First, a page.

The Mission of Jesus
By Rev. Dr. Sergio Arevalo
August 31, 2014 (12th Sunday after Pentecost)
For example, Fernando Poe was always alive at the end of the movies. He should not die because his fans do not like him to die in his movies. If he would die in the first part, there must be twin brother who will continue his image. No more suspense.
In the movies of Ramon Revilla, he was always dead. The ending that he was alive was not acceptable since he was portraying dead people, usually criminals. No more suspense.
In the same manner, Jesus foretold his own story to his followers. He already told the gist of the story. It had no more suspense in his story since he already told the gist, and the ending.
I. Jesus Foretells the Completion of His Mission
In our passage, Jesus began to show his disciples that he would have to go to Jerusalem, and suffer a great deal because of the Jewish leaders. Then he would be killed, but on the third day he would be raised (Mt. 16:21).
In this passage, it seems that we are like watching a movie trailer, Jesus was highlighting the actions in his missions. For some people, they already know what would be the ending of that movie. In the narration of Jesus, he would be murdered, but he would be raised from the dead.
Jesus foretold the completion of his mission. It was not just completion, but it was victorious completion! Is that wonderful? We who are pursuing Jesus’ mission have hope that the Lord will bring victorious completion of his mission here on earth.
II. Jesus Rebukes Peter for Wrong Conception of His Mission
Peter did not like the ending of Jesus’ story. Peter took him aside and began to rebuke him, saying, “God be merciful to you, Lord! This must never happen to you” (Mt. 16:22).
Sometimes, Jesus’ followers wanted to look good with the sight of the Lord, but Jesus rebuked him for his wrong conception. Jesus knew the victorious completion of his mission, but it was not an easy thing. He would suffer, die and rise again after three days, and it happened.
III. Jesus Teaches His Disciples on How to Join His Mission
Mat 16:24-26 says, “Then Jesus told his disciples, “If anyone wants to follow me, he must deny himself, pick up his cross, and follow me continually. Whoever wants to save his life will lose it, but whoever loses his life for my sake will find it, because what profit will a person have if he gains the whole world and forfeits his life? Or what can a person give in exchange for his life?”
The key word in these verses is self-denial. Giving oneself for Jesus’ mission. Giving oneself is not an easy task. It is sacrifice. In our passage, Jesus says pick up our crosses while following him continually. This may mean forgetting ourselves, forgetting our egos, and forgetting our families, indeed, forgetting everything for the sake of Jesus. We can only join with His mission if we deny ourselves.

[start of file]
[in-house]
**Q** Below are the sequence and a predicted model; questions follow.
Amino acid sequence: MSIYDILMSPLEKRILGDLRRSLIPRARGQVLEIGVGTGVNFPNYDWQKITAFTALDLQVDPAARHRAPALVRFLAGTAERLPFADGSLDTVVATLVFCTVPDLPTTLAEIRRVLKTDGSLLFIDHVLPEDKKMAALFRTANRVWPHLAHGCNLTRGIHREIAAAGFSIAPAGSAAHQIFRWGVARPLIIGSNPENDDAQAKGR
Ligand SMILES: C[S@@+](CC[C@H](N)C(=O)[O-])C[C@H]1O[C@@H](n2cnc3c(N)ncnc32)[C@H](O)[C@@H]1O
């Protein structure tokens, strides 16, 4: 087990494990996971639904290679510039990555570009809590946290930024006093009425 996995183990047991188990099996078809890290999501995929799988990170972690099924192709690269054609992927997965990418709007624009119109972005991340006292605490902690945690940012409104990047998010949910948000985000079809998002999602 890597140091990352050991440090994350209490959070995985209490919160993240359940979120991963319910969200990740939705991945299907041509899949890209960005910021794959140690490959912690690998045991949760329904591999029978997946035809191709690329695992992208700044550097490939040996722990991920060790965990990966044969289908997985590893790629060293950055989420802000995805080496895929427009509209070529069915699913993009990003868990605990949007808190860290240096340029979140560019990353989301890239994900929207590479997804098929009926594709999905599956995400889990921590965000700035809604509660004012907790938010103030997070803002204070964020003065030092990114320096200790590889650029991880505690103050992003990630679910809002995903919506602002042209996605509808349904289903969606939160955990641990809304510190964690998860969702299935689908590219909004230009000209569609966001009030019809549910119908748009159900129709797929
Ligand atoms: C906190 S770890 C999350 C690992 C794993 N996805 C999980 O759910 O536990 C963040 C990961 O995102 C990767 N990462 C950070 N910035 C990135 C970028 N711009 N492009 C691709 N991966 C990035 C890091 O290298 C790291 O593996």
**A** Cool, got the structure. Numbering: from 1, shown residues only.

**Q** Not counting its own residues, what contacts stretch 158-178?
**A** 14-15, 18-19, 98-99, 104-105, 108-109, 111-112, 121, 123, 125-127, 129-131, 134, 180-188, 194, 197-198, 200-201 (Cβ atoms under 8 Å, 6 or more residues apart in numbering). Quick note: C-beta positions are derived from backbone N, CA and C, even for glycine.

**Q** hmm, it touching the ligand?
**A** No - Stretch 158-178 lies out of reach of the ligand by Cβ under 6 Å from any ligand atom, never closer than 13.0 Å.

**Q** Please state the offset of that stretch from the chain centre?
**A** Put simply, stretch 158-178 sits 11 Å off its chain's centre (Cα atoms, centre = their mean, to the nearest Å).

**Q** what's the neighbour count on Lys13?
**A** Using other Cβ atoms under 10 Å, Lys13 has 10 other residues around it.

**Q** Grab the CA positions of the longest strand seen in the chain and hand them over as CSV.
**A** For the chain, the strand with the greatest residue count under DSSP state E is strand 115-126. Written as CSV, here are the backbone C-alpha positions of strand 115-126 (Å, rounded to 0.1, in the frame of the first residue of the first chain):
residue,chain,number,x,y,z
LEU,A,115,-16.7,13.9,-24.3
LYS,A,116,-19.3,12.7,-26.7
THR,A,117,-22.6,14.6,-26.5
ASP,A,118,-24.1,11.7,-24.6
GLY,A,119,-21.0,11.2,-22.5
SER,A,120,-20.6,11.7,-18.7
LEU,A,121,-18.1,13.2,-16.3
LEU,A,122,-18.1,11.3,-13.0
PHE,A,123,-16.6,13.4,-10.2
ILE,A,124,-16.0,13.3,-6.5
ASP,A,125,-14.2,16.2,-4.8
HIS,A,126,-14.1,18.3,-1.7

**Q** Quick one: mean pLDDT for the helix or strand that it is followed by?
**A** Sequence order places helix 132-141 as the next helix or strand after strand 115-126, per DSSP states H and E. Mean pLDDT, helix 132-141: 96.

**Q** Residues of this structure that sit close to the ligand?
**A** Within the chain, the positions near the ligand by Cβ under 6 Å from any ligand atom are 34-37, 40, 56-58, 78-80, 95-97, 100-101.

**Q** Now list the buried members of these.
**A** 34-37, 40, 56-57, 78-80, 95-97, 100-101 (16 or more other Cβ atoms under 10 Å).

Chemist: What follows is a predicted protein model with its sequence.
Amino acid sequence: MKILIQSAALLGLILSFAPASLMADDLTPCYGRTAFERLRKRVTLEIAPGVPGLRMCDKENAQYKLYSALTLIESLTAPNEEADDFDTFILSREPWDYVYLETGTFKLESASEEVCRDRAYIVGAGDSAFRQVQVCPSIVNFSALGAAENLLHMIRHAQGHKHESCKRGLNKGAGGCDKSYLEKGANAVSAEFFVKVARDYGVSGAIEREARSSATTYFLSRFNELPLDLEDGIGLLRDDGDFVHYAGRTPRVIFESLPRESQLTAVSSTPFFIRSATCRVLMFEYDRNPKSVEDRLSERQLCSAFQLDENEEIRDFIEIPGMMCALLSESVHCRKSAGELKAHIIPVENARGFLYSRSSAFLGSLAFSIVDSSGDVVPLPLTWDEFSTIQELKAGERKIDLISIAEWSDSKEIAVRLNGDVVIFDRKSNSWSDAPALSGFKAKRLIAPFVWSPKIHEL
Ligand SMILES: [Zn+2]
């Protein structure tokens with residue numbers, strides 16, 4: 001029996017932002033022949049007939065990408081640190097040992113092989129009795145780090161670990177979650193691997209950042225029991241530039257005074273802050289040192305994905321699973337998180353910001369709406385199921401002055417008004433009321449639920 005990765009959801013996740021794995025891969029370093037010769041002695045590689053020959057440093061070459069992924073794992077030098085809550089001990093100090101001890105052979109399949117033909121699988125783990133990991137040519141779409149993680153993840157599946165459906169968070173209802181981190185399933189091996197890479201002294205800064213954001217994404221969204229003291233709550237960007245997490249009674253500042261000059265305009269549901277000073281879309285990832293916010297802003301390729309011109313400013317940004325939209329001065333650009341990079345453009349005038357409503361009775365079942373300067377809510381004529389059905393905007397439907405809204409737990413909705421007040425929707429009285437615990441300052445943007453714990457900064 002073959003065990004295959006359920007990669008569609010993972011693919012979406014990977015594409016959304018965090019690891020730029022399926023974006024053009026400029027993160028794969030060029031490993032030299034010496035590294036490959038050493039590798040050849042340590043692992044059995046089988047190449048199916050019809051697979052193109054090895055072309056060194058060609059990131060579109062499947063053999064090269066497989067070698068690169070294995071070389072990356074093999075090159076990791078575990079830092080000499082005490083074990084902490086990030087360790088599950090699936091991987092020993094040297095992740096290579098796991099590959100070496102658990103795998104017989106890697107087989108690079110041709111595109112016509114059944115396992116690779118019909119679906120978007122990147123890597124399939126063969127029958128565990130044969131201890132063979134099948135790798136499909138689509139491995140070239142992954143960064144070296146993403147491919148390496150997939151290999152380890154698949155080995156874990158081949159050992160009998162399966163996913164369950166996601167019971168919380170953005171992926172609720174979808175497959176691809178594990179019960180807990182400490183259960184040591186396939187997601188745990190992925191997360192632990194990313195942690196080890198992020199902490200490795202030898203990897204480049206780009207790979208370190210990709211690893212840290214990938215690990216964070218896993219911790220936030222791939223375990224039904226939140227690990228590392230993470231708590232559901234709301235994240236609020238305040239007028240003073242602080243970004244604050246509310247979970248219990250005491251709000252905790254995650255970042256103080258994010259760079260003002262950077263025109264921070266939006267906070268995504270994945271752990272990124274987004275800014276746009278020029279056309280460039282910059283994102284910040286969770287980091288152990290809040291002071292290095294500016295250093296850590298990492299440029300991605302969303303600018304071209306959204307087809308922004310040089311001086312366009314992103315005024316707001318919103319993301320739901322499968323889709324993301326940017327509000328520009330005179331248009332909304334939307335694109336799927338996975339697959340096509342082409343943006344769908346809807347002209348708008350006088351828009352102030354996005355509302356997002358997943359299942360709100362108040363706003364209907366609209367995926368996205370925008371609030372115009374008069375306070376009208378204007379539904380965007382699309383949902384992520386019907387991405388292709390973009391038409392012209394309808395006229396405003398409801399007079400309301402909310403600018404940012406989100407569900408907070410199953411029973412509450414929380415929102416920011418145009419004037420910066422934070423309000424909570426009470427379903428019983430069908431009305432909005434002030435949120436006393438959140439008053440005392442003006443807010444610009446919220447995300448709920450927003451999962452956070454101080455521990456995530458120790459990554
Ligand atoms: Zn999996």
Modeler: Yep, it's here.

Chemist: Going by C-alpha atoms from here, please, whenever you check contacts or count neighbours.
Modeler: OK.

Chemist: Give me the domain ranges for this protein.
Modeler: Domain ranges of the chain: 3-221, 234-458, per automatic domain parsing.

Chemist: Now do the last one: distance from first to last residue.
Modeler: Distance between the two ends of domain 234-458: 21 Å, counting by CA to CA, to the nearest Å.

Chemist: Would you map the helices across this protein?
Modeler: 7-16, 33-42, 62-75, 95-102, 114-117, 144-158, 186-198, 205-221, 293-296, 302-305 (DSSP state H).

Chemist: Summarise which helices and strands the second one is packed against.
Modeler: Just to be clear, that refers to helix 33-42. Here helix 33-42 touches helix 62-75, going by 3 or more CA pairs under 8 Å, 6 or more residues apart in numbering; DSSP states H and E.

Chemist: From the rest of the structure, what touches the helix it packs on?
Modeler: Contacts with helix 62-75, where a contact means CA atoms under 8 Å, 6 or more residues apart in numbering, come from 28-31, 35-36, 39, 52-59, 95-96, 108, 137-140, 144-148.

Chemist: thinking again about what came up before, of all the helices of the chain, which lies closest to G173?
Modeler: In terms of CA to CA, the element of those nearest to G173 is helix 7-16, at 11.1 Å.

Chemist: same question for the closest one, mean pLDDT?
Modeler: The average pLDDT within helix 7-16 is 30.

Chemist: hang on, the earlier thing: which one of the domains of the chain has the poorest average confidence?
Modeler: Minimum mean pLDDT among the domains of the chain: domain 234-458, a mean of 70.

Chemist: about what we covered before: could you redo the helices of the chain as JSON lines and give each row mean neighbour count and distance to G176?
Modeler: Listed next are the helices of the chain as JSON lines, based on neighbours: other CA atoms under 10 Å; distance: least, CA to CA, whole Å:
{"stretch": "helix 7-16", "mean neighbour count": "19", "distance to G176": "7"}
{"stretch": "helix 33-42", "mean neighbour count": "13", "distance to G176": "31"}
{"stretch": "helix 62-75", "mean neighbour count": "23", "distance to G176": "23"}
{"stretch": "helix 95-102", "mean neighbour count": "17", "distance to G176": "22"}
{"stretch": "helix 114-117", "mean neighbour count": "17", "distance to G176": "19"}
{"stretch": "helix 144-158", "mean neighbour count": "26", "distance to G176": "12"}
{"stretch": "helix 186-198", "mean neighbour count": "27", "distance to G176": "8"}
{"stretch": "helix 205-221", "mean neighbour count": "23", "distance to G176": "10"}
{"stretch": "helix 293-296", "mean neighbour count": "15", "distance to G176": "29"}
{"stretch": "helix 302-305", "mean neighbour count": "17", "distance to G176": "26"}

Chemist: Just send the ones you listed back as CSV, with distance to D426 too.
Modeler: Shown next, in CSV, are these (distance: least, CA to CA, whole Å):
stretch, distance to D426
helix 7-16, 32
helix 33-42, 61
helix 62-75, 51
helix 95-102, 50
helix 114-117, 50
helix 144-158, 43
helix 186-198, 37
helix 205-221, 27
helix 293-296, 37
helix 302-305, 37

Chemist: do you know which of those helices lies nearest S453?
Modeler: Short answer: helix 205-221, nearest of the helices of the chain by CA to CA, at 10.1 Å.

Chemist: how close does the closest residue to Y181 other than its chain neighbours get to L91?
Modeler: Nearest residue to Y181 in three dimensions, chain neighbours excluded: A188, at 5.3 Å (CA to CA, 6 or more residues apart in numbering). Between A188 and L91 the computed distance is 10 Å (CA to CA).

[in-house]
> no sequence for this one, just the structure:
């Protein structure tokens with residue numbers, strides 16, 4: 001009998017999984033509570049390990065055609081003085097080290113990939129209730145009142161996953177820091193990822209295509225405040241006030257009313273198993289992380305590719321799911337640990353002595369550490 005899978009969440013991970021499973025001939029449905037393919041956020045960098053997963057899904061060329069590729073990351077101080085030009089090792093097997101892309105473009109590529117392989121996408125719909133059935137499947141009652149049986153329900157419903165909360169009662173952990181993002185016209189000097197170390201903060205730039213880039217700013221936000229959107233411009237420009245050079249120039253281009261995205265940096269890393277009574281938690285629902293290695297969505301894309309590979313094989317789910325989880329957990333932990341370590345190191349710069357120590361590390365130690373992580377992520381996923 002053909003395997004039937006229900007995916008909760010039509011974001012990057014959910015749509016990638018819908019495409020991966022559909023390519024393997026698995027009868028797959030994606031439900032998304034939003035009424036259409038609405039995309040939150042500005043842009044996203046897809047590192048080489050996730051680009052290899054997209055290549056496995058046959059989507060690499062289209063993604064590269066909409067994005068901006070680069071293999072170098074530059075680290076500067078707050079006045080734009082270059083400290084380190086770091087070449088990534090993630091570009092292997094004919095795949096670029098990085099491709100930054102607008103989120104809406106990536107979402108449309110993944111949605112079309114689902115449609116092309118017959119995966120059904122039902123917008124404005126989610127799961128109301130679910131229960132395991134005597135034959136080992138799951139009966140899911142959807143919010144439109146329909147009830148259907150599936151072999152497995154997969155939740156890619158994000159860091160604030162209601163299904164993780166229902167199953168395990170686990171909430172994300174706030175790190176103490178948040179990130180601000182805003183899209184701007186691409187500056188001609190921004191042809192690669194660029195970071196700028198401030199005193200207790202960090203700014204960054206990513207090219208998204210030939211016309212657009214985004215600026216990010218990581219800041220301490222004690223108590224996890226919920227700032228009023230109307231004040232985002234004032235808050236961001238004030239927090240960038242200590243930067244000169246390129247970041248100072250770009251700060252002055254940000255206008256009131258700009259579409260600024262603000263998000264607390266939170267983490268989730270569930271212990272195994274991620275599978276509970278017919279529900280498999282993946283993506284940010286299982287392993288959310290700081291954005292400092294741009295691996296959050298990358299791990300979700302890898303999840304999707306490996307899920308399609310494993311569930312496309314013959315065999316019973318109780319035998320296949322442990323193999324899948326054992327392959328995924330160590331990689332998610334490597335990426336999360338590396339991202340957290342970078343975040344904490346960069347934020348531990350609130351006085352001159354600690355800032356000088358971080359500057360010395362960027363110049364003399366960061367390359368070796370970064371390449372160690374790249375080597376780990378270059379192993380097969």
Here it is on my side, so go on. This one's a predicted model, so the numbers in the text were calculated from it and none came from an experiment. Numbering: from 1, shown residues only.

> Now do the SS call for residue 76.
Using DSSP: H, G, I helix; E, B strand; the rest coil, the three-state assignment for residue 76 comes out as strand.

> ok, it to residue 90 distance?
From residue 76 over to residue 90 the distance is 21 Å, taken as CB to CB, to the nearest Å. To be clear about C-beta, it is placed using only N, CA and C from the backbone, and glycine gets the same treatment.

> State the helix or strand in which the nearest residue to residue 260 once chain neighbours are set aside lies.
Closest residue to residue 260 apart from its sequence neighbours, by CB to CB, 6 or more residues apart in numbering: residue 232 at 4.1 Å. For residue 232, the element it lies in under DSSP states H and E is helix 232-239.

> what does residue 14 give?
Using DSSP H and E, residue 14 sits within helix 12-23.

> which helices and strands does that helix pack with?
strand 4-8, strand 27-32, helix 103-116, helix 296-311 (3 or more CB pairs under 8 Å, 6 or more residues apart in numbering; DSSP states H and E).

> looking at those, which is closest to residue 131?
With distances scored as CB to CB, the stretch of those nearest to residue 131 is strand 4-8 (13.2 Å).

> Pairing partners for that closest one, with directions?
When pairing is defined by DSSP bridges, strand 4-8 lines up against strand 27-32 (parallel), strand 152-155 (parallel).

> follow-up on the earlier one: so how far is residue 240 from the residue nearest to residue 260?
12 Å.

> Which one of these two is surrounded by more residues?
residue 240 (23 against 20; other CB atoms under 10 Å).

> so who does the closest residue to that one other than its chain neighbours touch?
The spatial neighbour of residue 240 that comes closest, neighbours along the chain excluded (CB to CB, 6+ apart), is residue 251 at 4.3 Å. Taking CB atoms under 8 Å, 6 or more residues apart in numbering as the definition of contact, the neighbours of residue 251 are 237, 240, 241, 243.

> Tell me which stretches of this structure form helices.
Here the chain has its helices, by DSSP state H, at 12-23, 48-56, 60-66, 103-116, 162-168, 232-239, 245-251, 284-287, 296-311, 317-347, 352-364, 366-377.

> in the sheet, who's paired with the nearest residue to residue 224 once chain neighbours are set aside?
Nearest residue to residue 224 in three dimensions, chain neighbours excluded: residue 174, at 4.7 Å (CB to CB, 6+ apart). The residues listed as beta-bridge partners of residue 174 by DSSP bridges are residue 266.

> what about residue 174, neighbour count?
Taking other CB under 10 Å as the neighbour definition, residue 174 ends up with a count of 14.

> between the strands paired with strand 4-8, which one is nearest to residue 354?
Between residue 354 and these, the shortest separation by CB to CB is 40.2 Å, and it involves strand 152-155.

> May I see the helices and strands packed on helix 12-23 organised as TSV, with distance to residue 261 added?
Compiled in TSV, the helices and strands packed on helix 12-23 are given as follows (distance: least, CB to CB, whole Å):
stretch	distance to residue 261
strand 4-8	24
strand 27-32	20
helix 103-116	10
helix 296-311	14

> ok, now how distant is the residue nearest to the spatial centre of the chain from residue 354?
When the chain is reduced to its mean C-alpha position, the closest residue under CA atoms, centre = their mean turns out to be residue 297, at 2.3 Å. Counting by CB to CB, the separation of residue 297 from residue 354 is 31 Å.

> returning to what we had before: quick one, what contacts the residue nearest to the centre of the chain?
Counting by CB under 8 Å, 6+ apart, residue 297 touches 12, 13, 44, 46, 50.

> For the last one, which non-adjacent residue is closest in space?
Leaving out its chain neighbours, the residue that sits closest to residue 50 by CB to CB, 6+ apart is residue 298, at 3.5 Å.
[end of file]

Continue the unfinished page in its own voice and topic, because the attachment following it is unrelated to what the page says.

Here’s a good story of self-denial. Pastor Charles Spurgeon and his wife would sell, but refused to give away, the eggs their chickens laid. Even close relatives were told, “You may have them if you pay for them.” As a result some people labeled the Spurgeons greedy and grasping.
They accepted the criticisms without defending themselves, and only after Mrs. Spurgeon died was the full story revealed.
All the profits from the sale of eggs went to support two elderly widows. Because the Spurgeons where unwilling to let their left hand know what the right hand was doing (Matthew 6:3), they endured the attacks in silence (sermonillustrations.com).
The Spurgeons forgot their ego, their image among his people and community, just for the sake of helping the poor widows as a clear example of following Jesus.
The good thing of following Jesus is this reward for his followers, Mat 16:27-28 says, “The Son of Man is going to come with his angels in his Father’s glory, and then he will repay everyone according to what he has done. I tell you with certainty, some people standing here will not experience death before they see the Son of Man coming in his kingdom.” The glory of Jesus would be shared to us who are following Jesus, and doing his missions.
At one point early in Julius Caesar’s political career, feelings ran so high against him that he thought it best to leave Rome.
He sailed for the Aegean Island of Rhodes, but en route the ship was attacked by pirates and Caesar was captured.
Caesar spent almost 40 days with his captors, jokingly telling the pirates on several occasions that he would someday capture and crucify them.
The kidnappers were greatly amused, but when the ransom was paid and Caesar was freed, the first thing he did was gather a fleet and pursue the pirates. They were captured and crucified!
Such was the Romans’ attitude toward crucifixion. It was to be reserved for the worst of criminals, a means of showing extreme contempt for the condemned. The suffering and humiliation of a Roman crucifixion were unequaled.
Jesus died on the hands of the Romans, on the cross. Jesus experienced suffering and humiliation just to save us from our sins so that his mission could be completed.